Ogallala Aquifer depletion & pork plant
Credit: Jimmy Emerson, DVM/Flickr

Water crisis looms in Oklahoma panhandle as pork processing booms

A pork processing plant has revitalized Guymon’s economy but has accelerated the depletion of the region’s vital groundwater supply.

Ben Felder reports for Investigate Midwest.

In short:

  • Seaboard Foods' pork processing plant has markedly increased groundwater depletion in the Oklahoma panhandle, exacerbating an already declining water supply.
  • Weak state water laws and lack of enforcement have allowed unchecked water use, creating a looming crisis for local agriculture and residents.
  • Guymon officials are concerned about the sustainability of water resources, with new wells needed to support continued economic activity.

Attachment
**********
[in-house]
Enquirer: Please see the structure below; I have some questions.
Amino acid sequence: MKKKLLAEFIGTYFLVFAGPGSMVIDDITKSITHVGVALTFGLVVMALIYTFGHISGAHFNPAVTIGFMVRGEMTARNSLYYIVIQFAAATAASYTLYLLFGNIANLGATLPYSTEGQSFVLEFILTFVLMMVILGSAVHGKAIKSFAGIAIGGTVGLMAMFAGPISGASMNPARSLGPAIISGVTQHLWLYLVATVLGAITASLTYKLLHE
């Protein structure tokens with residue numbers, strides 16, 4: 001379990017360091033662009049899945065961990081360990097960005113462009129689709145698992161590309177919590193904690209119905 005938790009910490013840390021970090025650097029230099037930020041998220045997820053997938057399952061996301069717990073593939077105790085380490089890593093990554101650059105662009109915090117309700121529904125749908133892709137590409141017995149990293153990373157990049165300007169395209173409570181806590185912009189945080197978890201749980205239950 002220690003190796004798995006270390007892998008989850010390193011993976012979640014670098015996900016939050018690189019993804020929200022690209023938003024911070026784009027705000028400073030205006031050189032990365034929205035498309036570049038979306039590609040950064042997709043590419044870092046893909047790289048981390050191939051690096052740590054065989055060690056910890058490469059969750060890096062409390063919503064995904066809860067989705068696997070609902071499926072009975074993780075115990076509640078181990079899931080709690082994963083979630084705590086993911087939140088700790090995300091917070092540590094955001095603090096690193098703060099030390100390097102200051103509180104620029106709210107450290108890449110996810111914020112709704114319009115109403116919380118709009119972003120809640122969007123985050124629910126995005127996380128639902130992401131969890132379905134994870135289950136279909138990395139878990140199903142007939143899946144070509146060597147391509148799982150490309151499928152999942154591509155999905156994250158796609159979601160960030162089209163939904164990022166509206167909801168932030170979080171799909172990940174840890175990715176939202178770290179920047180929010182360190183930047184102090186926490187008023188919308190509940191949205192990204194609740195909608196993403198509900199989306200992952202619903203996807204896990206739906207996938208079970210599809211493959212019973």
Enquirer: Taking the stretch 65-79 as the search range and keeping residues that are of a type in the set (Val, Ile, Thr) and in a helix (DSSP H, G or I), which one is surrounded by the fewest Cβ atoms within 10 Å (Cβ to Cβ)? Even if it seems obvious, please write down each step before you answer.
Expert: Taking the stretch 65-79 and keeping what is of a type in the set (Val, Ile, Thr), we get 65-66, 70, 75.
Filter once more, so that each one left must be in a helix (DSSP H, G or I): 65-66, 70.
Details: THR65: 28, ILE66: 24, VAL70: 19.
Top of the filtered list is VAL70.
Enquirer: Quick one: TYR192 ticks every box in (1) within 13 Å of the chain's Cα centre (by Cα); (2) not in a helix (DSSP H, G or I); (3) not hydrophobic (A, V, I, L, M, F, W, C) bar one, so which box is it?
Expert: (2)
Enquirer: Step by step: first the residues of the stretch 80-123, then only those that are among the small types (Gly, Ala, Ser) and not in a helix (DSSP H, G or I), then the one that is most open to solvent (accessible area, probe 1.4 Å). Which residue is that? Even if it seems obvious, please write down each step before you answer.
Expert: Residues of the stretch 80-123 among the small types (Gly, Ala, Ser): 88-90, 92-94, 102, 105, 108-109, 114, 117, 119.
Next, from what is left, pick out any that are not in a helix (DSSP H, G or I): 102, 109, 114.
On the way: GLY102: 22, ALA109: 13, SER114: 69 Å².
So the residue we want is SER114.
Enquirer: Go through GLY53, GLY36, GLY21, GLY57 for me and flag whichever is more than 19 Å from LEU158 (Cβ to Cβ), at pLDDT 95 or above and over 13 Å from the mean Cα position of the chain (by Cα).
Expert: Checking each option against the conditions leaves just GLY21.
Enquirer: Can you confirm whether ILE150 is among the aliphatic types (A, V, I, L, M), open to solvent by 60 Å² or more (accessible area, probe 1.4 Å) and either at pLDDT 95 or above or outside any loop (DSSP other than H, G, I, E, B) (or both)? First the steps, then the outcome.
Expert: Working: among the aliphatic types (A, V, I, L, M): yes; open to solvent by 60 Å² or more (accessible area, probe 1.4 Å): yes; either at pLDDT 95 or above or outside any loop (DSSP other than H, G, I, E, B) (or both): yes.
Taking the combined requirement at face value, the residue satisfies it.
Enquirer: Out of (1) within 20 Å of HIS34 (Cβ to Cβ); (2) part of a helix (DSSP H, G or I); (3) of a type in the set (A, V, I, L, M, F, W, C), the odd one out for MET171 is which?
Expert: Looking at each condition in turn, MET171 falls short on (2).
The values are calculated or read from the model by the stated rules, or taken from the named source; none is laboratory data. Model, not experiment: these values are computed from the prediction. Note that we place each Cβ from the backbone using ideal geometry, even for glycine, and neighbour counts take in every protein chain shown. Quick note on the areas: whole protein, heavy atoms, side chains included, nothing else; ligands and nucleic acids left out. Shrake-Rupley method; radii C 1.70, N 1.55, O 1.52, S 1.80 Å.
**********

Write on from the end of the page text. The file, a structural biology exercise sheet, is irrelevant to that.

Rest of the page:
Key quote:

“Seaboard takes a lot of water, but if we didn’t have the feedstuff to feed the million-plus pigs, Seaboard would not be there and Guymon would dry up and blow away, as with the rest of the panhandle.”

— Oklahoma senator, Casey Murdock

Why this matters:

The depletion of the Ogallala Aquifer threatens both the economic stability and future viability of agriculture in the region, impacting food production and local livelihoods. Read more: As hog farms grow in size and number, so do Iowa water problems.

About the author(s):

EHN Curators
EHN Curators
Articles curated and summarized by the Environmental Health News' curation team. Some AI-based tools helped produce this text, with human oversight, fact checking and editing.

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